Disclosure: I participate in the Amazon Associates Program. If you decide to make a purchase by clicking on the affiliate links, Amazon will pay me a commission. This commission doesn’t cost you any extra. All opinions are my own.

In My Hands by Irene Gut Opdyke

in my handsI have always been drawn to read literature from the Holocaust, both fiction and nonfiction, but especially memoirs of people who lived through it. I sometimes wonder at my fascination. Why do I enjoy reading about such a dark period of history? I think reading these stories forces me to ask the question, “What would I do?” Would I have been able to cling to the best of my humanity–hope and kindness and love–as did many survivors of the ghettos and concentration camps? Would I have had the courage to help my neighbors by hiding them or sharing food? I like to think that I would, but I honestly don’t know since I have never been confronted with such choices.

Irene Gut Opdyke (with Jennifer Armstrong) shares her journey of becoming a resistance fighter and smuggler of Jews in her memoir In My Hands: Memories of a Holocaust Rescuer (Laurel Leaf Books 1999). She didn’t start out to become a hero, but she is a hero. I don’t know how I could have survived the horrors that she experienced as Germany and Russia invaded her homeland of Poland. It didn’t matter which side of the border she was on, the conquering armies made life miserable for all of Poland, but she still found the compassion and courage to protect those who were being hunted down.

As I read, I kept coming back to Irene’s words: “You must understand that I did not become a resistance fighter, a smuggler of Jews, a defier of the SS and the Nazis, all at once. One’s first steps are always small: I had begun by hiding food under a fence” (143). Irene did not stop with hiding food under the fence. She listened as she served Nazi and SS officers their dinner and passed along news of raids to her friends in the ghetto. She transported Jews in a horse and buggy to hiding places in the deep forest. She hid a dozen Jewish men and women in the basement of a German officer’s house. Not bad work for someone who was “only a girl.” While the Germans may have underestimated her, the Russians considered her a dangerous Partisan resistance fighter–and she was.

I may not be faced with life or death decisions this week, but every day I am given the choice to act with kindness and love–or not. It is in making those small decisions that I can develop the habits and character that would lead to the courage to do the right thing in more desperate circumstances. I hope that I will one day show the courage that Irene did.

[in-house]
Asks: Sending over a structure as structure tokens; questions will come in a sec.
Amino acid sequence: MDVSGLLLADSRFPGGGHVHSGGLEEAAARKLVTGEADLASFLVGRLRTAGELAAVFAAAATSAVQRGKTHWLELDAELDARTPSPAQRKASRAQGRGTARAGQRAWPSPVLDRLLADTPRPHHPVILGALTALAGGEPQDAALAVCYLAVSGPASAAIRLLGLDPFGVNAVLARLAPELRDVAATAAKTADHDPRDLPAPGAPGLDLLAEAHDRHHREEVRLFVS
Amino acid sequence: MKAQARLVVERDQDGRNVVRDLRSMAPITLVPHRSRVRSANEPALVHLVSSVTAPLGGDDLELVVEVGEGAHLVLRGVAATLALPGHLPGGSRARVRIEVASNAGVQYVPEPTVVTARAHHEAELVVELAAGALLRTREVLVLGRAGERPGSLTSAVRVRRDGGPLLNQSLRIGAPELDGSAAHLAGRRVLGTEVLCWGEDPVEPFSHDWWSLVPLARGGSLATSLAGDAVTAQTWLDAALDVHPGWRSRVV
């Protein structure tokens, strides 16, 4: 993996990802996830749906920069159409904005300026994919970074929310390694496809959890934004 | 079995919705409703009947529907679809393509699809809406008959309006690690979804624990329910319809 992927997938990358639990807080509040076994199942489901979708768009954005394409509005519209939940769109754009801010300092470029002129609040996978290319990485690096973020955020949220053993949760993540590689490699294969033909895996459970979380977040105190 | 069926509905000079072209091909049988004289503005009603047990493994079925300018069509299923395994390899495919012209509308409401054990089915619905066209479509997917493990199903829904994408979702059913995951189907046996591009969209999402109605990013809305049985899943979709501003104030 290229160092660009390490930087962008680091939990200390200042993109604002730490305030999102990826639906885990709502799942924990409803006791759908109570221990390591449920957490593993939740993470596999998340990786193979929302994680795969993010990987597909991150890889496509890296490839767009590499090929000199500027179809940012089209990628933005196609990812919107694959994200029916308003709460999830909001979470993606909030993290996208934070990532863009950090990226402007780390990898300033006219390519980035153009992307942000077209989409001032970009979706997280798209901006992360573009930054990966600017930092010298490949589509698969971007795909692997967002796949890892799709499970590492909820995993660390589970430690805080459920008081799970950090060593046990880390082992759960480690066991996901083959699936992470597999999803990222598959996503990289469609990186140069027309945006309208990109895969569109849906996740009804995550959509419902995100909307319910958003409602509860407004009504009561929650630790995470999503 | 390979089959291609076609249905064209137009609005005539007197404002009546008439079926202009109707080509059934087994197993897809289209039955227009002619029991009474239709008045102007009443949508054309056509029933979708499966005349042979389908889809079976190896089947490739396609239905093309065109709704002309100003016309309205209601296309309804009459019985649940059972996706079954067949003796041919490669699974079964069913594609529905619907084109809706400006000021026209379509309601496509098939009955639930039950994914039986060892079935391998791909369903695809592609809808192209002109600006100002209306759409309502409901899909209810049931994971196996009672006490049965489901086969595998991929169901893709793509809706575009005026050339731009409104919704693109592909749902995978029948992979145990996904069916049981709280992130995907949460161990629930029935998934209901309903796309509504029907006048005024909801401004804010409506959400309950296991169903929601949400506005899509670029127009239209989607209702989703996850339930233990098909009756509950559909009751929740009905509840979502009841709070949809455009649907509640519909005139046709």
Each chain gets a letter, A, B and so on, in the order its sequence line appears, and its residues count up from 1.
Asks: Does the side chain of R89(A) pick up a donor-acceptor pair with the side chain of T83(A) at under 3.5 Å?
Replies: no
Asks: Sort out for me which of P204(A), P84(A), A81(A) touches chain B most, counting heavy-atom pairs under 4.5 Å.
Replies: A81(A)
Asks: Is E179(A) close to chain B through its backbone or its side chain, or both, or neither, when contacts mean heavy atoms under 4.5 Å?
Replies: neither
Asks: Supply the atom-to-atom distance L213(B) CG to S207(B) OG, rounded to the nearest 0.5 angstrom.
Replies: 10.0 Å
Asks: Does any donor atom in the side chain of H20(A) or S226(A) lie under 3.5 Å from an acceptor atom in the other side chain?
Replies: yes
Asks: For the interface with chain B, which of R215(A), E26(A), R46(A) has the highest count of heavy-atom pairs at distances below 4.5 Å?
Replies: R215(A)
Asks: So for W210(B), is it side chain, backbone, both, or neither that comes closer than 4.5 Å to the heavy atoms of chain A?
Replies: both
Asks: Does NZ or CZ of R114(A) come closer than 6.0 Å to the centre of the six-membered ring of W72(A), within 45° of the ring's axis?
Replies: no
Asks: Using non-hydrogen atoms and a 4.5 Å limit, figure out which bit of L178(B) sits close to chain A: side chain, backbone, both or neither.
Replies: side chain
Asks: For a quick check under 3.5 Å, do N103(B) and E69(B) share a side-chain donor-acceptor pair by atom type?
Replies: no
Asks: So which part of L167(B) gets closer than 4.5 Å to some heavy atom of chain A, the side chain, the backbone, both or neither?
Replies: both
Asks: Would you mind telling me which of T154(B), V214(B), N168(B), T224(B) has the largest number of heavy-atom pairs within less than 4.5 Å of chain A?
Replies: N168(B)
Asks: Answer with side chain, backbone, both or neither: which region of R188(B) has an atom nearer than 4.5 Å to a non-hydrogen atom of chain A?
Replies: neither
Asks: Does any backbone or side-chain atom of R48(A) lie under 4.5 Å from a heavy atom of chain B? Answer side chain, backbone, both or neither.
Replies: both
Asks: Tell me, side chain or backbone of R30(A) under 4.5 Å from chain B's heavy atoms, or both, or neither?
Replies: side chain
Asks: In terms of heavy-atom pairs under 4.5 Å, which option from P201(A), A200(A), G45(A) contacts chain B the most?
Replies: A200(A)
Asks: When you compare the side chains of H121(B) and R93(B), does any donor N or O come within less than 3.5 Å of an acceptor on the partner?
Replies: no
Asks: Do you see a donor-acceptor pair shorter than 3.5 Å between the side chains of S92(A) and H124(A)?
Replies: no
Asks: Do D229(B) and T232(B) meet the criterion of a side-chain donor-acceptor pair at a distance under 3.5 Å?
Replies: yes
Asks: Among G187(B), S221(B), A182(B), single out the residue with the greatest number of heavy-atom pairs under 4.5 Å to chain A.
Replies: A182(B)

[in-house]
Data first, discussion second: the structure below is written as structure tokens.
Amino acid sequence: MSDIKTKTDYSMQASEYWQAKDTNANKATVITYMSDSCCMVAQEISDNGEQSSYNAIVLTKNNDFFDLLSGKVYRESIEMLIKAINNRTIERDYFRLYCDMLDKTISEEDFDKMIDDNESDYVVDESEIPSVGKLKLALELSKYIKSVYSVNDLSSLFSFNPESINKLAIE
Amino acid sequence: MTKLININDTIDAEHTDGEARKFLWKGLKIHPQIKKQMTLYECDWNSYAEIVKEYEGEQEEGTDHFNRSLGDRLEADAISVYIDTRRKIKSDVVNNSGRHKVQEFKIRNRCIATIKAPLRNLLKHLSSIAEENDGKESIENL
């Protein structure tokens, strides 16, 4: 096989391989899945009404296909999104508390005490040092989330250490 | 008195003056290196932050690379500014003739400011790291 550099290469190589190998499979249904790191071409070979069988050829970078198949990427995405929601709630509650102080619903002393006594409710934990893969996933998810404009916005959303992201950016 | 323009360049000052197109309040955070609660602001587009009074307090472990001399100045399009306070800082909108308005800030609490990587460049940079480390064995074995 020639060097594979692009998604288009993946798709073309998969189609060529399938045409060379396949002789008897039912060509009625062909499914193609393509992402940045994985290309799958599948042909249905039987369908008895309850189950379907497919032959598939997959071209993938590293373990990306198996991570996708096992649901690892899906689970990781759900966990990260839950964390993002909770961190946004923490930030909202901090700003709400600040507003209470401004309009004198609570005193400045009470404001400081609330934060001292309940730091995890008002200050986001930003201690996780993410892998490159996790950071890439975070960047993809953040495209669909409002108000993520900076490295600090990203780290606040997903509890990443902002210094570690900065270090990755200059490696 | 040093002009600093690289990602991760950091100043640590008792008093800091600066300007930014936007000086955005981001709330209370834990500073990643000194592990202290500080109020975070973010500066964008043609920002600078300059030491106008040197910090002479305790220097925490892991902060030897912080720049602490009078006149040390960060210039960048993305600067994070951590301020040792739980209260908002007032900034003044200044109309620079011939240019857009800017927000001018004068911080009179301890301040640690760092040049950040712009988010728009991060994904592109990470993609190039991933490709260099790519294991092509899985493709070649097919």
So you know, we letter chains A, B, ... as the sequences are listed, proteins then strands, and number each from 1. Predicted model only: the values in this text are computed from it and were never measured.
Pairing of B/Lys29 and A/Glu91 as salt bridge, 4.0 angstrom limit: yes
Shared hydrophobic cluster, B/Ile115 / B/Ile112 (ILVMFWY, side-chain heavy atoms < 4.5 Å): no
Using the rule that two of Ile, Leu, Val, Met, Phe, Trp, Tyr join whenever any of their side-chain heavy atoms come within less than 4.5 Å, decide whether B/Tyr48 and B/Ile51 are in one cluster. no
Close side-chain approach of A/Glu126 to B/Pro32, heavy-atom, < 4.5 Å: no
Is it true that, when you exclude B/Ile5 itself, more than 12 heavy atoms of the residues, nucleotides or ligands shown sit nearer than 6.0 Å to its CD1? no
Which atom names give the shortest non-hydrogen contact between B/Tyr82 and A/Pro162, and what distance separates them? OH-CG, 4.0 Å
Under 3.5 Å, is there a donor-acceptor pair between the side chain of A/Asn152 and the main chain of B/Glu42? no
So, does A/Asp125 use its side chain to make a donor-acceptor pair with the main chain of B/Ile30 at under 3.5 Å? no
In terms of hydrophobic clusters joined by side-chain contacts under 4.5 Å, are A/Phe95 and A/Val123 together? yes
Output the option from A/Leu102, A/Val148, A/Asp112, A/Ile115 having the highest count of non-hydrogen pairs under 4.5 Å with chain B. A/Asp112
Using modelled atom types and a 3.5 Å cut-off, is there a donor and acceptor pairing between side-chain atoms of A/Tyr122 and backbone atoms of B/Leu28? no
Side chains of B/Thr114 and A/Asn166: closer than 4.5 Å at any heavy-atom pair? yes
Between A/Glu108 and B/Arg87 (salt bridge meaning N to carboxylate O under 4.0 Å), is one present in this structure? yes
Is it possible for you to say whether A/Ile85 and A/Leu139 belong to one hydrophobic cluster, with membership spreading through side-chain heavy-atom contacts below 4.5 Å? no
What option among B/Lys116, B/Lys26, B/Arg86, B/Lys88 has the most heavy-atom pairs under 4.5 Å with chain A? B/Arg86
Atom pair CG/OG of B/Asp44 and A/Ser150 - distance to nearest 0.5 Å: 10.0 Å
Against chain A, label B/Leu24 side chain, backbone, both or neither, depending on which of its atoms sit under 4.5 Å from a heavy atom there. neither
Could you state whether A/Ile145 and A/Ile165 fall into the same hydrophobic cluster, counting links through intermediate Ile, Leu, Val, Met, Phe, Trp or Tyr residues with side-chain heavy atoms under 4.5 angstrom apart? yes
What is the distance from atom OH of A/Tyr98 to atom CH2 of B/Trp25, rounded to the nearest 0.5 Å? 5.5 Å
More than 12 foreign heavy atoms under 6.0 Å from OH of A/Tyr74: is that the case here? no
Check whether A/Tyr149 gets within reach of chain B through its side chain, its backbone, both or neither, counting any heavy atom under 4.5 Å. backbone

The Complete Idiot’s Guide to Publishing Children’s Books, 3rd edition by Harold D. Underdown

complete idiot's guide to publishing children's booksHarold D. Underdown gives a complete peek behind the curtain of the children’s publishing industry in The Complete Idiot’s Guide to Publishing Children’s Books, Third Edition (Penguin 2008). I have picked up much of the information over the years from following the blogs of some of my favorite writers, but I still learned much about the process, especially what happens once the writing and editing is done.

I found some of the most valuable parts of the books to be the references to additional resources, whether book titles or websites.  My copy of the book has a rainbow of sticky notes poking out the side, marking all the places I want to go back for reference or to save as bookmarks on my computer before I have to return it to the library.

Like other books in the Complete Idiot’s series, the information is organized for easy access and packed with information. Sidebars add even more information with definitions of industry terms, “Class Rules” that explain aspects of the publishing business and secret tips.  My favorite parts are the playground stories, which share anecdotes from working writers and illustrators. Through it all, Underdown emphasizes the need for writers and illustrators to be professionals and to take their careers seriously. It is difficult to make a career out of writing and illustrating for children, but it is possible with hard work and a little bit of luck.

Even though the book has been out for just six year, the rapid changes in technology have made some sections seem outdated already. Self-publishing–especially with ebooks–is still fraught with pitfalls, but it offers a different  landscape nearly every week. The section on author visits doesn’t mention Skype, which I used in my classroom to connect my students with authors.

Even so, this is a valuable reference for anyone interested in writing or illustrating for children.

History Is So Bugged!

buggedI’ve been around long enough to learn that my history classes in school left out a lot of history. Kings and generals, battles and revolutions certainly shape history, but did you know that tiny bugs played their role as well? Nope?  Neither did I. Or at least I didn’t until I read Sarah Albee’s Bugged: How Insects Changed History (Scholastic 2014).

It is indeed “swarming with facts,” as the cover proclaims.  Not just any facts–it is packed with facts that are shocking and disgusting and gross.  There is mayhem and death and destruction on every page that is guaranteed to make you itch–if you can manage to scratch between peals of laughter. Did you know that bugs were once used as a form of execution? (Read all about it on page 100). You may even discover that your favorite red sports drink or cherry ice cream or pink blush contain dyes made from squashed bugs. (Read about it on page 20.)

Bugs have done dastardly things–devour food crops and spread deadly diseases–that have changed the course of battles and wiped out large numbers of people.  Albee digs to find the traces of bugs behind some of the most dramatic events of history, from ancient times to modern history, and from the Far East to the New World. I just wish my history textbooks in class could have been as much fun to read as this one was.